The recycled sari industry* is truly a whole fascinating industry in itself. I think most of them are from the South, so Mini will buy bundles and bundles from her guy that sources them from lower-income populations during Diwali. Selling these saris to people like me is Mini’s main source of income, which allows her to be the main breadwinner for her family; in India this is a rare position for a woman to hold. It was very sweet – she wanted to try the saris on and made me this big lunch that we shared. It is really important to me to have relationships with the people I work with.


“The line of goods and where something comes from is always fascinating. That’s something that I love about what I do, that there is a lot of story involved with the textiles and all of the people I work with, and I think that adds to the richness and the value of the piece.”



Lily Forbes Shafroth: When working with recycled materials it is important to make sure they are clean and suitable, not torn. I worked directly with Suman–she’s the main master cutter of the women at WORK+SHELTER. I got to spend a lot of time with her going through each individual sari, plotting out where we were going to cut things and design the items through the sari essentially.

If some of the saris are discolored in any way, I work with a local dyer to have the whole piece redyed. He has a color sheet and you basically have to dye what is compatible with the consistent color. Because it’s silk, you don’t want to overtreat it. Silk is so delicate. You cannot bleach silk; there are definitely limitations. That goes into how I source saris in general. I don’t want to buy a ton that I have to do extra work on.


“There is a whole industry where these saris in general are being sold by people as their main source of income. There’s a whole chain of people and industry–that is what’s so captivating about India. The economy is so layered and there are so many hands that go into the production and creation of goods.”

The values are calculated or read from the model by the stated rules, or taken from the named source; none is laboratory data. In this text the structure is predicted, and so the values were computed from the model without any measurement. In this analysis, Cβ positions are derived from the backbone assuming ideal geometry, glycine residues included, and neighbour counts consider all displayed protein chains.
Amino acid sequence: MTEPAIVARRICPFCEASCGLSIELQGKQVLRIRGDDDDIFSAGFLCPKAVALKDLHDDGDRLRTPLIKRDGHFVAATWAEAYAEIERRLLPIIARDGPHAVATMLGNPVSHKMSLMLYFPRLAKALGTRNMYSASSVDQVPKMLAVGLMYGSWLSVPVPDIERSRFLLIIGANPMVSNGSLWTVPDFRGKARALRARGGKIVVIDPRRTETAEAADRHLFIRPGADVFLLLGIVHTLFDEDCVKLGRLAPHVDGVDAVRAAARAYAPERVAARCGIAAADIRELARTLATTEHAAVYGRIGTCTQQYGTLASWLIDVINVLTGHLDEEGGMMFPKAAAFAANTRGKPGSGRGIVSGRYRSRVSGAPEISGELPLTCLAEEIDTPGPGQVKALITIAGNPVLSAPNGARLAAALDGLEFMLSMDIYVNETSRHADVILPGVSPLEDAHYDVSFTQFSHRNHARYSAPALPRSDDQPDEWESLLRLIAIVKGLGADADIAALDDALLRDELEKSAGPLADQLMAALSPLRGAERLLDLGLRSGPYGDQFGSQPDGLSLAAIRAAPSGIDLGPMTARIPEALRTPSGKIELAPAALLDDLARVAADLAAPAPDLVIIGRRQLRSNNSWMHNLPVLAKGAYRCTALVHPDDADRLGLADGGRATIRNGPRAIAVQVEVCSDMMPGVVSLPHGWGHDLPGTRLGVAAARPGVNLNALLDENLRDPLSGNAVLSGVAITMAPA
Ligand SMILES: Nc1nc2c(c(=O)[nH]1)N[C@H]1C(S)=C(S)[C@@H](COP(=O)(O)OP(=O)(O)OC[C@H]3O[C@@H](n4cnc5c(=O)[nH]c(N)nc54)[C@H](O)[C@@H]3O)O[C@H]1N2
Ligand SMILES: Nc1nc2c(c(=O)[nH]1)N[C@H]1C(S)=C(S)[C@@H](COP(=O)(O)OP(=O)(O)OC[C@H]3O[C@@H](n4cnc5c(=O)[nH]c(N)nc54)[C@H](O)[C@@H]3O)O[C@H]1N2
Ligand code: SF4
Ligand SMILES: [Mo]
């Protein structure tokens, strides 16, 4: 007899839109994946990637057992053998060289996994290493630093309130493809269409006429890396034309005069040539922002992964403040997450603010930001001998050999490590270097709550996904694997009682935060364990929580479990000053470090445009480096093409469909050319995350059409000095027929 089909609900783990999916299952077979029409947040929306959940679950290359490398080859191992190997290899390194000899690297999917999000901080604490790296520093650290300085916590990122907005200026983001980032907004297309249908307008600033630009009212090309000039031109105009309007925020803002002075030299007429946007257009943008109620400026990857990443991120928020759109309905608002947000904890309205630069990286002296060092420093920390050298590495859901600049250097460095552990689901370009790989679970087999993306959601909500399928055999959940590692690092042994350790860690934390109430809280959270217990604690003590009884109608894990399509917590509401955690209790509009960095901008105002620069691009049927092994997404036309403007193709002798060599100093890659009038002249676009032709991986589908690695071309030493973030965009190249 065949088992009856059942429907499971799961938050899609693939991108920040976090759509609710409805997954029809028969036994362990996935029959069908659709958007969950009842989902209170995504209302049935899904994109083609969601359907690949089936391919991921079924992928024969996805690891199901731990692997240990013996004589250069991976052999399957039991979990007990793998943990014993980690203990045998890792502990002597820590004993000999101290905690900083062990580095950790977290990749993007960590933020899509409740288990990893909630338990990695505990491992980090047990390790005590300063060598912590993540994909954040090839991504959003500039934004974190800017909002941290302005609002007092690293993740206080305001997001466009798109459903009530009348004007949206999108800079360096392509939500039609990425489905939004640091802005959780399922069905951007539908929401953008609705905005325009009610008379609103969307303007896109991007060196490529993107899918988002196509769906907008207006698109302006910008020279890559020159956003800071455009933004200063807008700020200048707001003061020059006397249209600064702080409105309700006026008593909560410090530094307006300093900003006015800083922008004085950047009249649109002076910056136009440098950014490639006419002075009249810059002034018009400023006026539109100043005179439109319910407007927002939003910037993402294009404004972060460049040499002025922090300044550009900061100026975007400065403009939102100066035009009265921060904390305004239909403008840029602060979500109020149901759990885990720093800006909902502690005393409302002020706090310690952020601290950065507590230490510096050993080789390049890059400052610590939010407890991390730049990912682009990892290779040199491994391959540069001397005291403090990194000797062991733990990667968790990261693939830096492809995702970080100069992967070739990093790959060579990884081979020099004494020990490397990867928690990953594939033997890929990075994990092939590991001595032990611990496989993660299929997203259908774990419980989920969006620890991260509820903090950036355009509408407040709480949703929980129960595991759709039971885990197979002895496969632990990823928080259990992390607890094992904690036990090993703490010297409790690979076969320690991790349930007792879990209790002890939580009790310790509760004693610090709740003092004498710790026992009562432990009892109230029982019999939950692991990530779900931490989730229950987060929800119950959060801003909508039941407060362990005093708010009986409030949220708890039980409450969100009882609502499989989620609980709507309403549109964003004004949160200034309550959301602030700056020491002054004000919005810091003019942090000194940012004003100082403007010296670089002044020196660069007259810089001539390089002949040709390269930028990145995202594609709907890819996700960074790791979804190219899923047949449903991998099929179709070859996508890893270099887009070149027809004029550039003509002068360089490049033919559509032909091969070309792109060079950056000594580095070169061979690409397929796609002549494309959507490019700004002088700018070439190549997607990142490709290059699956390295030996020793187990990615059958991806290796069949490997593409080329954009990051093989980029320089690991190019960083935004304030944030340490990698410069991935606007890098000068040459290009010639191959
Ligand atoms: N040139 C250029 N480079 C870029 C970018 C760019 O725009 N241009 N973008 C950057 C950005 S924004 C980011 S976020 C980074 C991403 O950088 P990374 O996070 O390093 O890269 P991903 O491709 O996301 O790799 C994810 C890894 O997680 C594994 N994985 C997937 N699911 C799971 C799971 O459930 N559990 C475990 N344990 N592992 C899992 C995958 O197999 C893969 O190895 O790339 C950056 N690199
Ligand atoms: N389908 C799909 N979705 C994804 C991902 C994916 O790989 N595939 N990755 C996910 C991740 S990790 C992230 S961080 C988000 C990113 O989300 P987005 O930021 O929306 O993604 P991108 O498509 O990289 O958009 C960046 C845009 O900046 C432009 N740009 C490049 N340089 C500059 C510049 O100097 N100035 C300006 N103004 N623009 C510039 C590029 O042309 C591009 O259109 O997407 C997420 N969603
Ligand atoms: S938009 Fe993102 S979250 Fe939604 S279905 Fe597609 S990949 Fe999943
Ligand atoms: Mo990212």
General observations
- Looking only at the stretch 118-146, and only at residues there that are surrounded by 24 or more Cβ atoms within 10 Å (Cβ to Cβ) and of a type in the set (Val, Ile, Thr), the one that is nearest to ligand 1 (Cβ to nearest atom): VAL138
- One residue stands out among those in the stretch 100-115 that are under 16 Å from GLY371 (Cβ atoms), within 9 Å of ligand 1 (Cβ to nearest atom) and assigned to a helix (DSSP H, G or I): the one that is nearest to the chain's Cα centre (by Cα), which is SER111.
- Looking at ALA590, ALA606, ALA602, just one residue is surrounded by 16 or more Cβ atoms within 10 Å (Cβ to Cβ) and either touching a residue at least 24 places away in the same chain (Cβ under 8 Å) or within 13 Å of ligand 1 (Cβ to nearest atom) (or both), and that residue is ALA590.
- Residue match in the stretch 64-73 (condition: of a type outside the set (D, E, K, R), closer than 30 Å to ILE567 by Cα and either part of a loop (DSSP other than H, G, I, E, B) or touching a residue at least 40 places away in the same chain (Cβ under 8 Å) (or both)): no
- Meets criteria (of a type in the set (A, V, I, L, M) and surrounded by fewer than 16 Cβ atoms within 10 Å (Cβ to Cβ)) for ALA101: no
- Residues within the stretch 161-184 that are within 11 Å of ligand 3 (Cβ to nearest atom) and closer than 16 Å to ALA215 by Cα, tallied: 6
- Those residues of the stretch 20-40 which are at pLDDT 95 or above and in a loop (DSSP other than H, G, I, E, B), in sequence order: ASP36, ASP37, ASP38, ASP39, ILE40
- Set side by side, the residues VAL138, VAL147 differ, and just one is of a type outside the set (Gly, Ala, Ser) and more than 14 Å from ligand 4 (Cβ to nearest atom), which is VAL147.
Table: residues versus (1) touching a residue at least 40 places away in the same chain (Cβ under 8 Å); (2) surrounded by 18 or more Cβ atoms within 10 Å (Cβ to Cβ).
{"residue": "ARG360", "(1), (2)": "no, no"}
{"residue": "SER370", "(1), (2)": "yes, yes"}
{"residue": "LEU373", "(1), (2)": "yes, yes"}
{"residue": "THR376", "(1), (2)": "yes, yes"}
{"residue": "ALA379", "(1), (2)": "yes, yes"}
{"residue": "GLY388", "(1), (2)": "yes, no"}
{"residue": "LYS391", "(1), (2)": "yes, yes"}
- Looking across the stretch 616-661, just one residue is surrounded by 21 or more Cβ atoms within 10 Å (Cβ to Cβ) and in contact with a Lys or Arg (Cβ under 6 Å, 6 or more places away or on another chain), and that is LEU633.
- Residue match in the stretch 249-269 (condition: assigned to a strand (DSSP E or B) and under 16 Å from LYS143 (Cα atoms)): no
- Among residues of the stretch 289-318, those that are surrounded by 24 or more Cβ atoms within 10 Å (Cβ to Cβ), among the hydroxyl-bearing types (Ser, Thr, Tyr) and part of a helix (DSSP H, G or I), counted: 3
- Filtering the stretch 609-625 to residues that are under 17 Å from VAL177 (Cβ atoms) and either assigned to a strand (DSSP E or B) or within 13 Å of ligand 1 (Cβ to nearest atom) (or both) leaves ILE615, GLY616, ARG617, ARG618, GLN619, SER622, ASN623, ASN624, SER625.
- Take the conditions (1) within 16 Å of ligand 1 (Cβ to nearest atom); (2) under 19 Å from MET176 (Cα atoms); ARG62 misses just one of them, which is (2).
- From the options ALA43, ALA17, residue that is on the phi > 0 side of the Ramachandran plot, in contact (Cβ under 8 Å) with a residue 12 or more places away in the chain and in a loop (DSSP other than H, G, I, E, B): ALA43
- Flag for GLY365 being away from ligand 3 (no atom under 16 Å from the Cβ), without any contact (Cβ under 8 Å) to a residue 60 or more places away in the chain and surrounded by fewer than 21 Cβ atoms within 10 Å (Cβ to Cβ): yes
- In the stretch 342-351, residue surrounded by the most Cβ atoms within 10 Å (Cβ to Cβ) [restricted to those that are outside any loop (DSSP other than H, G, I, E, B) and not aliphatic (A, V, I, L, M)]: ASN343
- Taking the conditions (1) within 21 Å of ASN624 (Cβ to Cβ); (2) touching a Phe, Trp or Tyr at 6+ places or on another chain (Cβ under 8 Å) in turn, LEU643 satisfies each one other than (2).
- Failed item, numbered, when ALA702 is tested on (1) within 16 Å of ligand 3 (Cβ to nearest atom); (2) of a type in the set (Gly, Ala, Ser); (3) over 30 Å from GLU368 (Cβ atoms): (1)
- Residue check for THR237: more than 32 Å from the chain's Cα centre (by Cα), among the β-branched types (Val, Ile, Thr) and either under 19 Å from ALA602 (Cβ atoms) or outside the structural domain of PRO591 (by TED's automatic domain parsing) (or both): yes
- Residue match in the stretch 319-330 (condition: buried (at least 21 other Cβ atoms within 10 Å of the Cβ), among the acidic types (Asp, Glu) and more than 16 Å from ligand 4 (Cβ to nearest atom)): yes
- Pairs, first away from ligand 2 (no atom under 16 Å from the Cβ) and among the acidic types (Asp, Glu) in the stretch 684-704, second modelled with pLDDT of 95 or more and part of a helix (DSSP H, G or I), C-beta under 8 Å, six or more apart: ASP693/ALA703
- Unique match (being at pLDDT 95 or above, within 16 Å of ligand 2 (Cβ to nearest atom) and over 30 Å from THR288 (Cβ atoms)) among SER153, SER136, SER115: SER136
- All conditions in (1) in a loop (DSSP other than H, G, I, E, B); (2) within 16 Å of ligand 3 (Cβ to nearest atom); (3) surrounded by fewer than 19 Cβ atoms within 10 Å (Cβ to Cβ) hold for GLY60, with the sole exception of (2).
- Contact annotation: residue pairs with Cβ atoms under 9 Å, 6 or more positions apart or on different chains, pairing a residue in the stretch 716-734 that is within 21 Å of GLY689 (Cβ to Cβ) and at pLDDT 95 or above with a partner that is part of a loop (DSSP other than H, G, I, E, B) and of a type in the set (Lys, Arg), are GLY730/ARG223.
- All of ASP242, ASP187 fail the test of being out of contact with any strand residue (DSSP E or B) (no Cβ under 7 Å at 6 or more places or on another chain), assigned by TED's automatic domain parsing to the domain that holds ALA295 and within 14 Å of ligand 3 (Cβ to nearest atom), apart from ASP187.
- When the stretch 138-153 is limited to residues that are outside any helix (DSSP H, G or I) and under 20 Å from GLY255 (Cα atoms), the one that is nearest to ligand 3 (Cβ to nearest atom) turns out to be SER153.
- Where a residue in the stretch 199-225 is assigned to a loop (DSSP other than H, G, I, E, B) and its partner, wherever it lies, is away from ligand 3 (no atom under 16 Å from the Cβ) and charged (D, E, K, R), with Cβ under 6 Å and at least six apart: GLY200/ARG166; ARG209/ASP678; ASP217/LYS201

Recycled Sari Silk hanging to dry after going through the re-dying process


Lily Forbes Shafroth: I created a capsule collection of unique robes made from the recycled saris. It was amazing because there is so much intricacy in each sari with the embroidery and the patterns. They were all so vibrant, so it wasn’t so much of me creating a color theme, but more about me looking through all of these saris and choosing ones that I loved. It was a really cool experience for me to be able to take the designs of each individual sari and translate them onto each individual robe. I was able to play with the idea of having a different pattern on the collar or the tie, than the pattern of the actual robe. It was very playful.

A big THANK YOU goes out to Lily Forbes Shafroth for allowing us to speak with her and share her story.  We are pleased to say that LILY FORBES Co. just placed an order with us for its second round of upcycled sari silk robes!  Stay tuned for those new patterns and see what is currently in stock HERE.



Working with designers like Lily Forbes is a joy. You can tell by Lily’s tone when she talks about the process that she deeply cares about how each piece is created, and the entire supply chain that enables her designs to come to life. The decisions she has made as a designer, in this project and others, have real outcomes. For example, by purchasing recycled sari silk from Mini, Lily is supporting Mini to provide for herself and her family. And of course by collaborating with WORK+SHELTER on this project Lily is supporting a woman-owned, woman-led, woman-made organization that was built, as its core, to help women in need.

Aside from the social impacts, I can’t think of a more eco-friendly material than recycled sari silk.  Creating any type of fabric from scratch requires a great deal of water and chemicals. By recycling already existing fabric, Lily is cutting down on water usage, chemical usage, and overall energy consumption.